Finally, and this cannot be said enough, mother nature has canceled business-as-usual. Investors must recognize that they are taking a bet on climate whether they act or not. Those who proactively pursue new ways of investing will be better positioned for the road ahead. Investors must integrate sustainability metrics into compensation structures and rethink benchmarking and backtesting, which are akin to navigating a car down the road using only the rear-view mirror. Climate change promises sharp and abrupt turns in the road ahead.

“Fossil free” signs often generate a visceral reaction from those on the receiving end. The most disappointing responses are ones that misunderstand the message as demanding “social change” or as “a means to achieve policy ends.” The endowments on which our university students and pensioners depend are recklessly ill-prepared for climate change. It is the responsibility of every fiduciary to take appropriate action to protect their assets from the physical and transition risks of a changing climate.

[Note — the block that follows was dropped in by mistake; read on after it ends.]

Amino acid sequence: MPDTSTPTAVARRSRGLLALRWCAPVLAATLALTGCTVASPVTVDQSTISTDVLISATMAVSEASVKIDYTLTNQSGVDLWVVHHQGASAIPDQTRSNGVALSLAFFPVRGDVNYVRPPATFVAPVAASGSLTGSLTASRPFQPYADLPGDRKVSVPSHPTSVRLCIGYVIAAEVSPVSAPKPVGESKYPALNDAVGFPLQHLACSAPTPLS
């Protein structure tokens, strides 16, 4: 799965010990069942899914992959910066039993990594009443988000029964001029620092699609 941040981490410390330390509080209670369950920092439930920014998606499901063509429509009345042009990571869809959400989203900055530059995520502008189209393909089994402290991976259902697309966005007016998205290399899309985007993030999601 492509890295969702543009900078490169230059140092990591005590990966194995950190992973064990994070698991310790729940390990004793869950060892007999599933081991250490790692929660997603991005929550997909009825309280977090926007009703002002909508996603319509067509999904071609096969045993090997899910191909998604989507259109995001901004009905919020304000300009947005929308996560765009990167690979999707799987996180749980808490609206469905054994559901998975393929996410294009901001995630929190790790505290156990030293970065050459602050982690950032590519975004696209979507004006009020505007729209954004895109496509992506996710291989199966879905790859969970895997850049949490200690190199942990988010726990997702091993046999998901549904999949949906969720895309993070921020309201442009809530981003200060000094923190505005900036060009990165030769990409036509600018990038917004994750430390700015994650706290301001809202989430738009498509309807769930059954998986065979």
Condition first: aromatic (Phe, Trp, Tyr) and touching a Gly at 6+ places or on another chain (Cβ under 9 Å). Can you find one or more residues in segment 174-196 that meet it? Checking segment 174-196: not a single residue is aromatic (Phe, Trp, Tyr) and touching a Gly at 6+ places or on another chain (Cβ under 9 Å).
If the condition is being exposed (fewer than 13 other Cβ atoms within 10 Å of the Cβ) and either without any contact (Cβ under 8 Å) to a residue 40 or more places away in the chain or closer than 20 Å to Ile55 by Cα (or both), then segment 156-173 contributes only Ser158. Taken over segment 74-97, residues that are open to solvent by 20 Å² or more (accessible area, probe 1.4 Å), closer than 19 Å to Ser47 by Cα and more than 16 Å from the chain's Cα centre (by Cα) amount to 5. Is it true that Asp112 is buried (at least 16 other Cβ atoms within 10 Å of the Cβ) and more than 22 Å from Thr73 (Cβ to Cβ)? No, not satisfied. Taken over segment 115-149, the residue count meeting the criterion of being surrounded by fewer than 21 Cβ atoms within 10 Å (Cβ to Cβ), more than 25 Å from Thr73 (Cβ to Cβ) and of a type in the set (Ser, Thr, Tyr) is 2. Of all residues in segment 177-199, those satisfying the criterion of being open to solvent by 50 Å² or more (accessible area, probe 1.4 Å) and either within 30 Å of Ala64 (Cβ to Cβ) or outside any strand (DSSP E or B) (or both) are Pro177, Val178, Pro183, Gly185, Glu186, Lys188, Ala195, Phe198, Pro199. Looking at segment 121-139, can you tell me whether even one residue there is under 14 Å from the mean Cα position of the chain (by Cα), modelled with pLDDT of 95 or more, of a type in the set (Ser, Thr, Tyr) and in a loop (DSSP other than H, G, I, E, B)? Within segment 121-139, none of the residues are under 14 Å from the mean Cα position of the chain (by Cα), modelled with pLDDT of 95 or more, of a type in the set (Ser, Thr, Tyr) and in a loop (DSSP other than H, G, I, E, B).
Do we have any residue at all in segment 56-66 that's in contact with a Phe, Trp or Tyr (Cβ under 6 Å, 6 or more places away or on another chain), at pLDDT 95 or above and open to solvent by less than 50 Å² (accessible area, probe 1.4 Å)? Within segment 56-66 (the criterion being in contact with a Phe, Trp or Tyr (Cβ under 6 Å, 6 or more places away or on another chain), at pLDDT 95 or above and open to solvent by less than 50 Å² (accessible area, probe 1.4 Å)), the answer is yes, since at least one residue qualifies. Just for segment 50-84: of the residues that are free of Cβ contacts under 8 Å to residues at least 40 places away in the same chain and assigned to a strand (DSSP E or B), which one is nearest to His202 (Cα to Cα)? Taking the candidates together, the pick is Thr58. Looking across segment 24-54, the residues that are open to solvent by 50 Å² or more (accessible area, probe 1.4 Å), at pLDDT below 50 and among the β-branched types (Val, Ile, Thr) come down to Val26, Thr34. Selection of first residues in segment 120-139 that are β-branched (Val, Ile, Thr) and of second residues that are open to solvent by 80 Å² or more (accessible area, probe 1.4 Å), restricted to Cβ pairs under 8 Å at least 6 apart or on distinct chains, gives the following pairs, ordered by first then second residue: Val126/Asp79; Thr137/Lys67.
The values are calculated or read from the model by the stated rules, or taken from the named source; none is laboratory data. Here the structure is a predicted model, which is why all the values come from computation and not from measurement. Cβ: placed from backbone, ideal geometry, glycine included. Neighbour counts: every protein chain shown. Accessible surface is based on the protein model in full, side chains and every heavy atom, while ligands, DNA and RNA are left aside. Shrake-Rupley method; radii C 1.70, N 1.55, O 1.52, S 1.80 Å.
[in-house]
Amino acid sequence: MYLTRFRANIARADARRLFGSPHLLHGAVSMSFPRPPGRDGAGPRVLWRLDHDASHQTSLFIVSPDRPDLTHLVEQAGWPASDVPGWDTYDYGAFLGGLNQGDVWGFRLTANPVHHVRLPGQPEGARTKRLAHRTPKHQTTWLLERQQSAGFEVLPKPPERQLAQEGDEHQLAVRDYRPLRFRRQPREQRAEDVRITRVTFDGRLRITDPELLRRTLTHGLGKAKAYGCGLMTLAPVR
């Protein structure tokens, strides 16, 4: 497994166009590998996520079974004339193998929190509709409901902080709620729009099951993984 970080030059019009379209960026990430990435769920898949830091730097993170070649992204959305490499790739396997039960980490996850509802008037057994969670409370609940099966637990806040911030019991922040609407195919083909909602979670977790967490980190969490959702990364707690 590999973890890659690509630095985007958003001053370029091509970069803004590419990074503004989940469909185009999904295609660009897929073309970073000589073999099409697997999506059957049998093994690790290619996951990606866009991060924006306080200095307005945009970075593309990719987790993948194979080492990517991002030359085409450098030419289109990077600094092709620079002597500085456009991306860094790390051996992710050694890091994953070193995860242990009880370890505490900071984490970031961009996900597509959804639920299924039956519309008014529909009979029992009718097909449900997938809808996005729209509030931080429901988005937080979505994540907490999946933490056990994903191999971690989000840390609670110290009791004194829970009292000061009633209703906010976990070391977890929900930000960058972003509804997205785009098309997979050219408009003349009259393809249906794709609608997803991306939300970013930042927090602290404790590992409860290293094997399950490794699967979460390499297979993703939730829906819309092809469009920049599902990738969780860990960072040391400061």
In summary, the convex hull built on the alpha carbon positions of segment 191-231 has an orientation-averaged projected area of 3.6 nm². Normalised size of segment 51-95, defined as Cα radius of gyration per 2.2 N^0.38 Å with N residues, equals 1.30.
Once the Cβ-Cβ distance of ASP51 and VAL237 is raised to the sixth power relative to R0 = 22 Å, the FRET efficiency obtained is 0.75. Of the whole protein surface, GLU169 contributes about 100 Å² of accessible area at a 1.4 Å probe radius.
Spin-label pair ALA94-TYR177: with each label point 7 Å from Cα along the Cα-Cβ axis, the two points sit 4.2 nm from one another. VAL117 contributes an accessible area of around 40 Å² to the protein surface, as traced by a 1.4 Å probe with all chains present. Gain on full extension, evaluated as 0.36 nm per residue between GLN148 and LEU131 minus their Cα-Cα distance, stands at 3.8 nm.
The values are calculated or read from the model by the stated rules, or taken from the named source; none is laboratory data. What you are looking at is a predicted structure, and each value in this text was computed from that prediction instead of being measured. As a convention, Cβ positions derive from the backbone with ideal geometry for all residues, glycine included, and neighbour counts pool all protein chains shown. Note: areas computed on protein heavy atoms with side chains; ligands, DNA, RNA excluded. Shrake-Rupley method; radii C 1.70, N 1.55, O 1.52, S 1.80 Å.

Our panel’s recommendations enable fiduciaries to respond to calls for divestment with bolder action that will better position their portfolios to weather the future. To protect nest eggs from climate change, advocates and investors must look beyond their signposts and read the signs mother nature is painting the world over.